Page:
“Such might crown my life. But that happiness, I fear, is not for me—or not without pain and loss and woe.”
“Well, it’s early days yet!” cried Sir Nathaniel heartily.
The young man turned on him his eyes, which had now grown excessively sad.
“Yesterday—a few hours ago—that remark would have given me new hope—new courage; but since then I have learned too much.”
The old man, skilled in the human heart, did not attempt to argue in such a matter.
“Too early to give in, my boy.”
“I am not of a giving-in kind,” replied the young man earnestly. “But, after all, it is wise to realise a truth. And when a man, though he is young, feels as I do—as I have felt ever since yesterday, when I first saw Mimi’s eyes—his heart jumps. He does not need to learn things. He knows.”
There was silence in the room, during which the twilight stole on imperceptibly. It was Adam who again broke the silence.
“Do you know, uncle, if we have any second sight in our family?”
“No, not that I ever heard about. Why?”
“Because,” he answered slowly, “I have a conviction which seems to answer all the conditions of second sight.”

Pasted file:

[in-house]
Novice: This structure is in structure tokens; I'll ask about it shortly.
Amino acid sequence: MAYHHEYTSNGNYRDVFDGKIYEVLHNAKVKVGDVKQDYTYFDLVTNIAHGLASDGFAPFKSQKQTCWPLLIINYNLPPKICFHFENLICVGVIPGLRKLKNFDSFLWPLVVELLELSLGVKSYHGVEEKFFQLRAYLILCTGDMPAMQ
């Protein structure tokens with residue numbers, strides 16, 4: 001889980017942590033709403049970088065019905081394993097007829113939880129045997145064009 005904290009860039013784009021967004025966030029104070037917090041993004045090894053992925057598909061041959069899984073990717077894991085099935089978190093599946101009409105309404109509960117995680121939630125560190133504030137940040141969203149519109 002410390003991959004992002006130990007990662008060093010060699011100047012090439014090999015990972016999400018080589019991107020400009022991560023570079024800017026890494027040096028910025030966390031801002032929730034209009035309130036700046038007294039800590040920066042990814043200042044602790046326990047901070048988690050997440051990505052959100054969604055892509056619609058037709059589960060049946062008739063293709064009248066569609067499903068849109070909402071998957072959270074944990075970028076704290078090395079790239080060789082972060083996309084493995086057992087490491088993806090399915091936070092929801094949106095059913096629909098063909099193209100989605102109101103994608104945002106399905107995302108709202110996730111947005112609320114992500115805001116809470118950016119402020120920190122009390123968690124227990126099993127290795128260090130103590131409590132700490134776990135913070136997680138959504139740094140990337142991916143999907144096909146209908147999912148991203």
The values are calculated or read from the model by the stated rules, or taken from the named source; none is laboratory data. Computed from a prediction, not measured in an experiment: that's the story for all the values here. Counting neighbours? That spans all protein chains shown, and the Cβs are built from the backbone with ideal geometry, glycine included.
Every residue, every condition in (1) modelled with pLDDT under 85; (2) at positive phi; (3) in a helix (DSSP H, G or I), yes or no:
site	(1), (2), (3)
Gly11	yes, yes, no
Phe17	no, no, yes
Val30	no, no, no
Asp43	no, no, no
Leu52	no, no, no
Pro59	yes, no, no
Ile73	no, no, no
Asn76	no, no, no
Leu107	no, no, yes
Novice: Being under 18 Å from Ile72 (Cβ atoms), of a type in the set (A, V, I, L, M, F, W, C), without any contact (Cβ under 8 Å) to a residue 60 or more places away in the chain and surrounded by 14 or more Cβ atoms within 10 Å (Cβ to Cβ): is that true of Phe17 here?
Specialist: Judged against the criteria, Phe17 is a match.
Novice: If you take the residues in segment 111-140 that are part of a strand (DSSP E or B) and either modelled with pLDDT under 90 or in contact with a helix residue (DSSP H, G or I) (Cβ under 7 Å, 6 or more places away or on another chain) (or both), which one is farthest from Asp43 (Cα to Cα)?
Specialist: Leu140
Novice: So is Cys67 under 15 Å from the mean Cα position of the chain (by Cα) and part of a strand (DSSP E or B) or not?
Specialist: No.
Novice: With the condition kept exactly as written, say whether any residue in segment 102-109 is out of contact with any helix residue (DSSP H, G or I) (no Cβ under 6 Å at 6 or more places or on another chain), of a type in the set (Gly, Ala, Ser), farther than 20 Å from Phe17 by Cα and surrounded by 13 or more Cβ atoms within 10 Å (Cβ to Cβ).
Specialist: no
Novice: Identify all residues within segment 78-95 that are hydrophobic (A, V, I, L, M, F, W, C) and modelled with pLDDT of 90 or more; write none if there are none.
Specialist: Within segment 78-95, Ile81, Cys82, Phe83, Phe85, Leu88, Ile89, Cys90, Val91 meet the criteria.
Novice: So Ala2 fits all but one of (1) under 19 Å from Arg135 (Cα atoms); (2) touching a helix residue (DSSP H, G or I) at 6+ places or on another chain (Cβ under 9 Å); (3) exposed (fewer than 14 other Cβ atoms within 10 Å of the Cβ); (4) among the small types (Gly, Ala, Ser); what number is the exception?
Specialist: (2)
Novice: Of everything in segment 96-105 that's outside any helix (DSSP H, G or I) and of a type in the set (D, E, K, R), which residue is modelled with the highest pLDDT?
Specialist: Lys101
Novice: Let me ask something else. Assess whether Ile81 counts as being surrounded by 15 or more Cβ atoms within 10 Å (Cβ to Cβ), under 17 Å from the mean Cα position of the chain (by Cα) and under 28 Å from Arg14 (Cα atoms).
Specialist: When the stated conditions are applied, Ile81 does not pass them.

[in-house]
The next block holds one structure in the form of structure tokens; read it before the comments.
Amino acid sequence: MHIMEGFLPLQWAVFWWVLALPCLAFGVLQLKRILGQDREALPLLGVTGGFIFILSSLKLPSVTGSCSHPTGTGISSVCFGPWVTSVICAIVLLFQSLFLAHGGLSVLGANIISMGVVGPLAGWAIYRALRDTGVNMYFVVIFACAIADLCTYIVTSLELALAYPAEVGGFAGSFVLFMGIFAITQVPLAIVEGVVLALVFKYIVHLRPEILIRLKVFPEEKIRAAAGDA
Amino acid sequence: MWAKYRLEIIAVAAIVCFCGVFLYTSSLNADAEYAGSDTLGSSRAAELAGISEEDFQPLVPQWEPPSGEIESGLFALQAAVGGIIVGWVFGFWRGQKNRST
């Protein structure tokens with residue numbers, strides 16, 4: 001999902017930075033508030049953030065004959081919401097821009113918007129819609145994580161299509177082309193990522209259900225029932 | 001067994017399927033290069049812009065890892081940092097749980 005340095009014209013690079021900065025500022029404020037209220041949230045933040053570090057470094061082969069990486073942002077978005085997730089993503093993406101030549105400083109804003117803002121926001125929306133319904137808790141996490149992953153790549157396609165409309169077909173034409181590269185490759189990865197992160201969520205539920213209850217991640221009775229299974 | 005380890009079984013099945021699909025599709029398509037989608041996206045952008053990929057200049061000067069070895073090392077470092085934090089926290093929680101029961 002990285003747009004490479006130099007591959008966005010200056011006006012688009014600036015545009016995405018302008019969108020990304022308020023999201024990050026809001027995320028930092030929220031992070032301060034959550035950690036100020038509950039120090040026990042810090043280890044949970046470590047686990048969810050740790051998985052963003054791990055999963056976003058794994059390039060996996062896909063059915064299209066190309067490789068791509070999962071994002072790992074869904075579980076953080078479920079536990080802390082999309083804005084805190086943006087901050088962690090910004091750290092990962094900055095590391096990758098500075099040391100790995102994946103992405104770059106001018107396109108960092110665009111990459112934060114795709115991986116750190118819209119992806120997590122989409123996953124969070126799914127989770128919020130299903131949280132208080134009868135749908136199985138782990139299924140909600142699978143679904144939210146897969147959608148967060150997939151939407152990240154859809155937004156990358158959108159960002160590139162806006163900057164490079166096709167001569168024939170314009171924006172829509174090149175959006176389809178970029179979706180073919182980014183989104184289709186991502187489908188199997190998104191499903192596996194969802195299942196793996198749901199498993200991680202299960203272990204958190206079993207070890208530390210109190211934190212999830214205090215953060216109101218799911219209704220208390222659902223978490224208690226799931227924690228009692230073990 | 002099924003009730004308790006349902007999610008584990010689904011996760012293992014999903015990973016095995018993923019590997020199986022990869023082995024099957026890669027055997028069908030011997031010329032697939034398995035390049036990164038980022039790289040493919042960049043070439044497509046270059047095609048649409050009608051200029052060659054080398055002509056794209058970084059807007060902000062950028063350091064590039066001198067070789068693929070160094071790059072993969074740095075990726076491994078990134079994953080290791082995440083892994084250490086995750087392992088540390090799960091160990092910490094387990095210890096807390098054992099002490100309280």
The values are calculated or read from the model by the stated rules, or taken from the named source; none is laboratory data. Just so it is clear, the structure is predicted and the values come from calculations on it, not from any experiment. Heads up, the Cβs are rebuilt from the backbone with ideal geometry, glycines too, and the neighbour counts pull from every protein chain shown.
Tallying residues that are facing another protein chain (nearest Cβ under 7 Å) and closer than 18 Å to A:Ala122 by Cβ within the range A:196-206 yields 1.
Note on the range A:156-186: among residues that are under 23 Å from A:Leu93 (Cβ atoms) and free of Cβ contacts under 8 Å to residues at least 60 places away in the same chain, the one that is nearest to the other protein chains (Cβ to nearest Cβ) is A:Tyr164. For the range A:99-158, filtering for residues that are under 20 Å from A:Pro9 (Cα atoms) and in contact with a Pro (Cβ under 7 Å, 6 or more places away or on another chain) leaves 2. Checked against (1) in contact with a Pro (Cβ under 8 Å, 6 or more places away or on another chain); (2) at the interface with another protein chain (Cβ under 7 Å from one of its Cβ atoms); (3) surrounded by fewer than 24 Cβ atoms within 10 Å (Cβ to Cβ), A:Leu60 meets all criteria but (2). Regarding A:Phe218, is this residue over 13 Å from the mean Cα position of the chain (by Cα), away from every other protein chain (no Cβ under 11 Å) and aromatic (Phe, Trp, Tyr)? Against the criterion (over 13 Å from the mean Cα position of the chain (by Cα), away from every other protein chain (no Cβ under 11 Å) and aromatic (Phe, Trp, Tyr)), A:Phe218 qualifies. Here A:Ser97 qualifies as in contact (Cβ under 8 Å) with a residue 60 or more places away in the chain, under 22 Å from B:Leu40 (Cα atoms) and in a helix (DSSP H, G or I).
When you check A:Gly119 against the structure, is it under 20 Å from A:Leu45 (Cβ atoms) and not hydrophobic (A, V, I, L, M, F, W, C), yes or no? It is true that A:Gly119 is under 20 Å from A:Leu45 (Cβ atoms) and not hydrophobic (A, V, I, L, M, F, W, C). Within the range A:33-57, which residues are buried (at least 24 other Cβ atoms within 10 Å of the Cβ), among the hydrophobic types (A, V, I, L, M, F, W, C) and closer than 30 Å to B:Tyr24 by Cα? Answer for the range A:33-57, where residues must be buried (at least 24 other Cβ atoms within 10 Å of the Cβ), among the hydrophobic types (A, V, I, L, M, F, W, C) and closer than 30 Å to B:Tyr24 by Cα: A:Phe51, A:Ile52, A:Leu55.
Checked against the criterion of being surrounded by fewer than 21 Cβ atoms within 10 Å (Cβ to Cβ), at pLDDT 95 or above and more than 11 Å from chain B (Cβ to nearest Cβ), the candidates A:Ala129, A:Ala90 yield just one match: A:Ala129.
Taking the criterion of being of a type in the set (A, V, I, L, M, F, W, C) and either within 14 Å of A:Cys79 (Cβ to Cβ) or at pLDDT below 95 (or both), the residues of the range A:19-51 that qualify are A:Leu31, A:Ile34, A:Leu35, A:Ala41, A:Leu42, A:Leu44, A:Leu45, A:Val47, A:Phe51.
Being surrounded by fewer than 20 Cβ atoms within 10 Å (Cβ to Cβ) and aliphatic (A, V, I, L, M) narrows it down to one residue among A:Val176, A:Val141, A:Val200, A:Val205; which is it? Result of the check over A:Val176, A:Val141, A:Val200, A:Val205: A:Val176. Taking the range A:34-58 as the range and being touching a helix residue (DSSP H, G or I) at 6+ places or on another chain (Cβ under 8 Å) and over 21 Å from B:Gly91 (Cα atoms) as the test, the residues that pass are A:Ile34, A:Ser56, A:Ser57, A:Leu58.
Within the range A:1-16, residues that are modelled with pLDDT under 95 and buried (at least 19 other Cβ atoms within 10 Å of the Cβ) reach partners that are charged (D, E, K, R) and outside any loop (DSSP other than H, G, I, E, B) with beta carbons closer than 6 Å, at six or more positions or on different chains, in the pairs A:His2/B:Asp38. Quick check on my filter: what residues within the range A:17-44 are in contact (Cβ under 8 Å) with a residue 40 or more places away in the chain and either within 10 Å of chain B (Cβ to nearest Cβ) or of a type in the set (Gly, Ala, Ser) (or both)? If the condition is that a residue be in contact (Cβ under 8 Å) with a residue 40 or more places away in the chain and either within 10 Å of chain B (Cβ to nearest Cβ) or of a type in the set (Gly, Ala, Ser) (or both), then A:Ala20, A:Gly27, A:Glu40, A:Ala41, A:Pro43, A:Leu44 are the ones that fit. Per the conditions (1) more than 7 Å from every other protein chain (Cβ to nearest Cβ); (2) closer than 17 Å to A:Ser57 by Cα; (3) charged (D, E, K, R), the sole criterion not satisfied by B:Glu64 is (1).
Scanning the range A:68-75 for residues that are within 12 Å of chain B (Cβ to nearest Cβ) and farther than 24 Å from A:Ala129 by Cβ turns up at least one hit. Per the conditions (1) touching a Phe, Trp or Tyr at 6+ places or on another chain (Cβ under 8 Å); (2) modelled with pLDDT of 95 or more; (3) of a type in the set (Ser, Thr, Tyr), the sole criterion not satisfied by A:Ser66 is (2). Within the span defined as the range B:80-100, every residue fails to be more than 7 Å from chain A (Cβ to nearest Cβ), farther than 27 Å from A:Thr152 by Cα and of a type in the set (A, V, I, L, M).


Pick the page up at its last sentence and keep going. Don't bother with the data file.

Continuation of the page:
“And then?” asked the old man, much perturbed.
“And then the usual inevitable. What in the Hebrides and other places, where the Sight is a cult—a belief—is called ’the doom’—the court from which there is no appeal. I have often heard of second sight—we have many western Scots in Australia; but I have realised more of its true inwardness in an instant of this afternoon than I did in the whole of my life previously—a granite wall stretching up to the very heavens, so high and so dark that the eye of God Himself cannot see beyond. Well, if the Doom must come, it must. That is all.”
The voice of Sir Nathaniel broke in, smooth and sweet and grave.
“Can there not be a fight for it? There can for most things.”
“For most things, yes, but for the Doom, no. What a man can do I shall do. There will be—must be—a fight. When and where and how I know not, but a fight there will be. But, after all, what is a man in such a case?”
“Adam, there are three of us.” Salton looked at his old friend as he spoke, and that old friend’s eyes blazed.
“Ay, three of us,” he said, and his voice rang.
There was again a pause, and Sir Nathaniel endeavoured to get back to less emotional and more neutral ground.
“Tell us of the rest of the meeting. Remember we are all pledged to this. It is a fight a l’outrance, and we can afford to throw away or forgo no chance.”
“We shall throw away or lose nothing that we can help. We fight to win, and the stake is a life—perhaps more than one—we shall see.” Then he went on in a conversational tone, such as he had used when he spoke of the coming to the farm of Edgar Caswall: “When Mr. Caswall came in, the negro went a short distance away and there remained. It gave me the idea that he expected to be called, and intended to remain in sight, or within hail. Then Mimi got another cup and made fresh tea, and we all went on together.”